Laptop screens are conventionally small and less likely to display all of the information a remote worker needs to see at once. Whatever your profession, chance are you need to keep track of a couple things at once, whether it’s research notes you’re writing from or multiple stats for a report. Jumping between windows and tabs just isn’t conducive to this kind of work. With a second screen, you can just simply turn your head. You’ll notice an immediate change in your productivity levels and find yourself with some extra time left over for other projects. 

If you’re a bit of a technophobe, this StarTech guide teaches you the difference between port styles so you can get your laptop hooked up to a display device without connection headaches. 

Adjust lighting

Just because you’re not working on your usual computer set up doesn’t mean your eyes should suffer. Eye-strain is a common ailment for office workers who spend a lot of time in front of a screen, and how well lit your screen is has a huge effect on that. If you’re working on a screen that’s too bright or too dim you could be hampering your productivity and doing permanent damage to your eyes. 

Before you start working for the day, make sure your screen brightness is adjusted to suit the lighting in the room. You should always aim to work in a well-lit room with plenty of natural light. Compensating for a dark room by turning the brightness up to its maximum will do more harm than good and slow you down in the long run. If you’re worried your battery will suffer from keeping the brightness turned up, make sure you’re working somewhere where you can keep your laptop charging permanently. 

Update all your software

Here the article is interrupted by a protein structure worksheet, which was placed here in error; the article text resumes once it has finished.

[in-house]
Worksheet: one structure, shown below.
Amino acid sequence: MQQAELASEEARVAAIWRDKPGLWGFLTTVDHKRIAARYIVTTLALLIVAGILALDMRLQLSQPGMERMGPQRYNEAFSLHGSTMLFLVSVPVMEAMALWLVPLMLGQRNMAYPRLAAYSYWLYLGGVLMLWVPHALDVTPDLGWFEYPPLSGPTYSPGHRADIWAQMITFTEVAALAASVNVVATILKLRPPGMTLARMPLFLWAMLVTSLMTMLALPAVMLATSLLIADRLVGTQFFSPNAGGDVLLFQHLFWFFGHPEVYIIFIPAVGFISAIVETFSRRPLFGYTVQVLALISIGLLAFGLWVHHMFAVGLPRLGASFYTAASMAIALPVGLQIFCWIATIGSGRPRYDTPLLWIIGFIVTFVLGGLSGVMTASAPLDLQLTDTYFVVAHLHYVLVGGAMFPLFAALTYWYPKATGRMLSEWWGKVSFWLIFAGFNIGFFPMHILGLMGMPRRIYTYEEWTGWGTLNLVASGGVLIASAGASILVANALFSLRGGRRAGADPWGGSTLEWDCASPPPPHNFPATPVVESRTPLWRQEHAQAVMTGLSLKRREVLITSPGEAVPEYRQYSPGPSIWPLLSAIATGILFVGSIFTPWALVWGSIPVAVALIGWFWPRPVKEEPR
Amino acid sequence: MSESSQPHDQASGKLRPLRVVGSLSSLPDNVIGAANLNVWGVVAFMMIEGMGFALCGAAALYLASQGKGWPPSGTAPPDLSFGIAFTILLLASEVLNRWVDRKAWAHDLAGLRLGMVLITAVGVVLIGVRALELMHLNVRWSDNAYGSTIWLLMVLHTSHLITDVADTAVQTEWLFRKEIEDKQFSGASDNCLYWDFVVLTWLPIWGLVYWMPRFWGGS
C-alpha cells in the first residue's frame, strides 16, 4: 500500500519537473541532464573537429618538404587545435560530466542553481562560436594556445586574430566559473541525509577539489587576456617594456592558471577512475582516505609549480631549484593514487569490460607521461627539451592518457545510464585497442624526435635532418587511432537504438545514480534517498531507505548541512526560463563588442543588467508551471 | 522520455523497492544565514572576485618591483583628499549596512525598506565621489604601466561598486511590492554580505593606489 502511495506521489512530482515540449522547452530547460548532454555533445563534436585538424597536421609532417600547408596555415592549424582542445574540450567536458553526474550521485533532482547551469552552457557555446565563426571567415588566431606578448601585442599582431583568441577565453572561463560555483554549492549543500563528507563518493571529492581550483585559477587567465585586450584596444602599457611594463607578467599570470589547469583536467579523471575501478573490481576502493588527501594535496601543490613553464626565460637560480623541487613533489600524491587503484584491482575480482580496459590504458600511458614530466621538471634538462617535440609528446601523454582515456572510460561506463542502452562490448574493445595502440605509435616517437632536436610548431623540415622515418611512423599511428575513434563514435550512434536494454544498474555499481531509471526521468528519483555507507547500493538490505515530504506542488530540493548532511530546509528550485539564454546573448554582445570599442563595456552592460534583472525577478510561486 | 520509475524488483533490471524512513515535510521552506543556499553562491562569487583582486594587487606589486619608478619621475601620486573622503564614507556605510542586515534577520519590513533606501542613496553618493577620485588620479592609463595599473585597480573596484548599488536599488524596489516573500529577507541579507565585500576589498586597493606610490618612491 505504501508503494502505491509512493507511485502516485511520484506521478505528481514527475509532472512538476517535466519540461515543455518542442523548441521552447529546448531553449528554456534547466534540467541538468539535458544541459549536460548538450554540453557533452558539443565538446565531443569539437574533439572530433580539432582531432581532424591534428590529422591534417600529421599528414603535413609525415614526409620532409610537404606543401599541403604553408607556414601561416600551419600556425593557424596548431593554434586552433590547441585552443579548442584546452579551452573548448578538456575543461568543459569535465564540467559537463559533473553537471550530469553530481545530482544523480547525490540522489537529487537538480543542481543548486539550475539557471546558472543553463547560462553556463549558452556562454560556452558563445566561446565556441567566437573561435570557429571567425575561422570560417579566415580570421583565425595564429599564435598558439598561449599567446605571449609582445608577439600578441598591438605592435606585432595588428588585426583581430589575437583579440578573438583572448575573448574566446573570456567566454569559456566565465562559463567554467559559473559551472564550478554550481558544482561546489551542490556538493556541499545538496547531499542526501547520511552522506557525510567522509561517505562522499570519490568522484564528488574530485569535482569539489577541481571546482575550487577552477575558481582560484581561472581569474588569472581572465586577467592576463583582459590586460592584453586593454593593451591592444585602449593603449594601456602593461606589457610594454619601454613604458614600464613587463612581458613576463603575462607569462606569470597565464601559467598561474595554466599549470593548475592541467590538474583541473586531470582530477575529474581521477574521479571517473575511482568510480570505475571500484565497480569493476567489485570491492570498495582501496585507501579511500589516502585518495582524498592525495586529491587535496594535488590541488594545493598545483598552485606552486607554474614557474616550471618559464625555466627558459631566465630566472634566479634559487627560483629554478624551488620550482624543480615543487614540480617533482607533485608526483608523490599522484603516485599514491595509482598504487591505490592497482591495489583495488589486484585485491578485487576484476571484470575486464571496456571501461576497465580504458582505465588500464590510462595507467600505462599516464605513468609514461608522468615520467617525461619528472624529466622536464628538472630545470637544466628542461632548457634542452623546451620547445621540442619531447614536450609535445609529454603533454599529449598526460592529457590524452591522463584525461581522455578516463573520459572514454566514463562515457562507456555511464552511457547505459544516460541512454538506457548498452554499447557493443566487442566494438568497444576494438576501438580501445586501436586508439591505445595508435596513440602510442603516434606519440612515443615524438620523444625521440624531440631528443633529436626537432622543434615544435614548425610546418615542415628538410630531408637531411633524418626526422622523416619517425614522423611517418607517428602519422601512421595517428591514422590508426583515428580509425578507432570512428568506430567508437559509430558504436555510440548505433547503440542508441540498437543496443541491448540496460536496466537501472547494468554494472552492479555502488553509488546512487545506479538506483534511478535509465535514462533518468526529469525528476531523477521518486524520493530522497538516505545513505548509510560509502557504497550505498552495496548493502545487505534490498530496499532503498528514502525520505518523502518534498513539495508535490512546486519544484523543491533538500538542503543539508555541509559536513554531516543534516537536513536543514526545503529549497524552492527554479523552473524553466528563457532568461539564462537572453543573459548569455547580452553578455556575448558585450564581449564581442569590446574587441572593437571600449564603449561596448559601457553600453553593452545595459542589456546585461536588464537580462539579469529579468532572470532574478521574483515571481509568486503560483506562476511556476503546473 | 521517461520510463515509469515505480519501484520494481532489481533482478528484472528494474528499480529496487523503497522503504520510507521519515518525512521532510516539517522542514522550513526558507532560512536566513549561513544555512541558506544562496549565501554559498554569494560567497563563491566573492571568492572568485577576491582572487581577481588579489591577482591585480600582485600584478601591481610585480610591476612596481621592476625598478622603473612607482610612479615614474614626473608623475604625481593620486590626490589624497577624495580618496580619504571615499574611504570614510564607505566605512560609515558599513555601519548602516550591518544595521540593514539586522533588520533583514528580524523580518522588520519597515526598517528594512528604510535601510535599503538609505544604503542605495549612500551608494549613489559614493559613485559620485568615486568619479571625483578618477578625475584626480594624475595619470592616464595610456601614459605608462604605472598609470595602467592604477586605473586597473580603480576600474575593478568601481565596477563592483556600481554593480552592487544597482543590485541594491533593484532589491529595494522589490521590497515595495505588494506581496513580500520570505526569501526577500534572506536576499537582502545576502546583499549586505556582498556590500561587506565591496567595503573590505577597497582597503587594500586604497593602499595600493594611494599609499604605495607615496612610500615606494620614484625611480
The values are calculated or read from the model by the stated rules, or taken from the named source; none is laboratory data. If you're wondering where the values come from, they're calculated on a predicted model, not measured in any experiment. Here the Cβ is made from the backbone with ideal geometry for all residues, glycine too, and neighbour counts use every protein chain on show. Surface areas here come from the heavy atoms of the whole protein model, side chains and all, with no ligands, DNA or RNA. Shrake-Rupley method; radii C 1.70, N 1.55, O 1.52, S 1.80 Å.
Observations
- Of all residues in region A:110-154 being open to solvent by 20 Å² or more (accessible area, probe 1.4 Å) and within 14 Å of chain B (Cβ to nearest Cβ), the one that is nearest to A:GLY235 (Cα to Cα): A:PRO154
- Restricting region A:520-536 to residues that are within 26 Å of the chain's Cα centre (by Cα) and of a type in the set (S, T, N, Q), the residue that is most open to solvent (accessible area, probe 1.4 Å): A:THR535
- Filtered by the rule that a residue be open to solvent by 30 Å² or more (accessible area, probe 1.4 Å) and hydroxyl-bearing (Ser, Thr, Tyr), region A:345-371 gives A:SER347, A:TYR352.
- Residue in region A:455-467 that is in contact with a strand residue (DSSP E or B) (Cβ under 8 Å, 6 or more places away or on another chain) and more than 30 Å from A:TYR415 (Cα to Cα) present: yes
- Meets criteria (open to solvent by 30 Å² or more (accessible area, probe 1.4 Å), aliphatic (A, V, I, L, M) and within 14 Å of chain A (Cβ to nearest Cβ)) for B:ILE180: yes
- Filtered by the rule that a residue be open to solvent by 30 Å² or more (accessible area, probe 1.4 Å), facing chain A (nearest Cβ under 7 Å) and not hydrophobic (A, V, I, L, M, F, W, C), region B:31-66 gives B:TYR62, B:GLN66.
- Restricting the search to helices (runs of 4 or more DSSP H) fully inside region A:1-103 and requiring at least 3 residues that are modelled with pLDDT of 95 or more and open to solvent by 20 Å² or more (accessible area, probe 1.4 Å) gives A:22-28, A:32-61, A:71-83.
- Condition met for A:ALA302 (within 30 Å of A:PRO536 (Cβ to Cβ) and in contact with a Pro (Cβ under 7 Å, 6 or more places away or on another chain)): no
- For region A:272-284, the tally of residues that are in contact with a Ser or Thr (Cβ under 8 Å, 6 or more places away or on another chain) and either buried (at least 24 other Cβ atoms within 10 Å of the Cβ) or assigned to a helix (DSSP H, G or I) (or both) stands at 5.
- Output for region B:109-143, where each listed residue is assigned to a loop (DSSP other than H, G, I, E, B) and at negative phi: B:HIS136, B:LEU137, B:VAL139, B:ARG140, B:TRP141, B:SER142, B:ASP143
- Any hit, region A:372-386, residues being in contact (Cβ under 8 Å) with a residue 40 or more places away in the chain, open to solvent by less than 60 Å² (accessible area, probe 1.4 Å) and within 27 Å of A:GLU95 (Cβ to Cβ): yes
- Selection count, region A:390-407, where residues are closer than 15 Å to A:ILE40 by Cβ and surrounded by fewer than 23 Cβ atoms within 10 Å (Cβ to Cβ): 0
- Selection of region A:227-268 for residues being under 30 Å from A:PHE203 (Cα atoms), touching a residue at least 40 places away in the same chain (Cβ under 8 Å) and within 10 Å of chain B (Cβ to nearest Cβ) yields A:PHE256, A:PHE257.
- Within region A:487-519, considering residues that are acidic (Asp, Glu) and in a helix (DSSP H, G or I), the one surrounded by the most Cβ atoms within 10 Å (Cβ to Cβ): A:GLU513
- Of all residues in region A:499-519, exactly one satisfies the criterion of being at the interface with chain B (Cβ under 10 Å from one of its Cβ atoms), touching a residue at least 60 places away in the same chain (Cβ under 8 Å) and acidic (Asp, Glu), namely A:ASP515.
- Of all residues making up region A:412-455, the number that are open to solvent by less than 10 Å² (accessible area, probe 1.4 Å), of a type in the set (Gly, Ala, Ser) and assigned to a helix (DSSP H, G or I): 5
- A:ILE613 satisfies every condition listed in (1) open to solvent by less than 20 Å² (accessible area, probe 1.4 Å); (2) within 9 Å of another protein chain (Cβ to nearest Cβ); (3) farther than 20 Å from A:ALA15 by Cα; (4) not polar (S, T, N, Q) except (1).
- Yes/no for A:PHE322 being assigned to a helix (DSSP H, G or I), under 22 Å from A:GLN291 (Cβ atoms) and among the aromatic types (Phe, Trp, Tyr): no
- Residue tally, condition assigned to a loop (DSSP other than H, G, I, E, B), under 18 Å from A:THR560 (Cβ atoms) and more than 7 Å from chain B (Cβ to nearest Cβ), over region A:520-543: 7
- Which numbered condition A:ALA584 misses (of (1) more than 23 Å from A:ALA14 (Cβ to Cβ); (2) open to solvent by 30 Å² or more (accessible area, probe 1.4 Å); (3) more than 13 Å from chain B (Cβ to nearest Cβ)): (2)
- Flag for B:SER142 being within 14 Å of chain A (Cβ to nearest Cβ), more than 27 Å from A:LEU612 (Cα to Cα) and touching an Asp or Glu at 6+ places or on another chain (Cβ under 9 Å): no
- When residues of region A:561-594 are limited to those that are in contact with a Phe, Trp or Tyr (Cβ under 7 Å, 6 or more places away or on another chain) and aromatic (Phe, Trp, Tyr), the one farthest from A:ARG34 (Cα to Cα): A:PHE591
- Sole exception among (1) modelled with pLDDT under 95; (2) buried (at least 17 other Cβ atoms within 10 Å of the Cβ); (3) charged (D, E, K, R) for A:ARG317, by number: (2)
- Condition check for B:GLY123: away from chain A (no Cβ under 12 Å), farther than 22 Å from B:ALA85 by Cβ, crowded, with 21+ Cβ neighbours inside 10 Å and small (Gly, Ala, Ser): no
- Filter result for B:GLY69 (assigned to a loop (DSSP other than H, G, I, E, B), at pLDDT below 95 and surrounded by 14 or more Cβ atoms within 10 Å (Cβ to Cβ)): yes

Nothing will bring your productivity coming to a screeching halt faster than a slow laptop burdened with outdated software. To make sure you get as much done away from the office as you would do in it, spend some time the night before making sure all the software on the laptop is up to date and functioning properly. 

At some point, we’ve all told a software update ‘not now’, usually for a couple of months in a row. This is the time to accept that update though and make sure your laptop is in the best condition possible. It’ll save you slapping the poor thing out of frustration next time it freezes during a download. 

Block remote working distractions

Just because you’re working at home or in the hotel doesn’t mean you should be browsing Facebook every 15 minutes. Breaks are important, but distractions aren’t the same as breaks. You’re supposed to look away from the screen!

Set limitations for yourself, or, if you can’t control yourself it might be time to look into apps that block distraction websites, such as the ones listed here. There’s no reason for productivity to drop just because you’re out the office and no one is looking over your shoulder. You’re only giving yourself more work to do later anyway. 

Take a break 

Not the most groundbreaking advice, but it’s just as important to take breaks frequent breaks when working at home as it is in the office. The more breaks you take the less likely to get distracted you become. 

Take some time away from the screen and stand up to stretch your muscles. Take advantage of the fact you’re working remotely with a laptop and move around a bit. You aren’t confined to your desk and can work wherever you want, so work in bed, work in the coffee shop or do a couple of hours outside if you need to. Find what suits you and vary it up. 

Remote work can be exciting, but it comes with its own challenges to remain productive. These features should make it as easy as possible to work to your high standards on your laptop.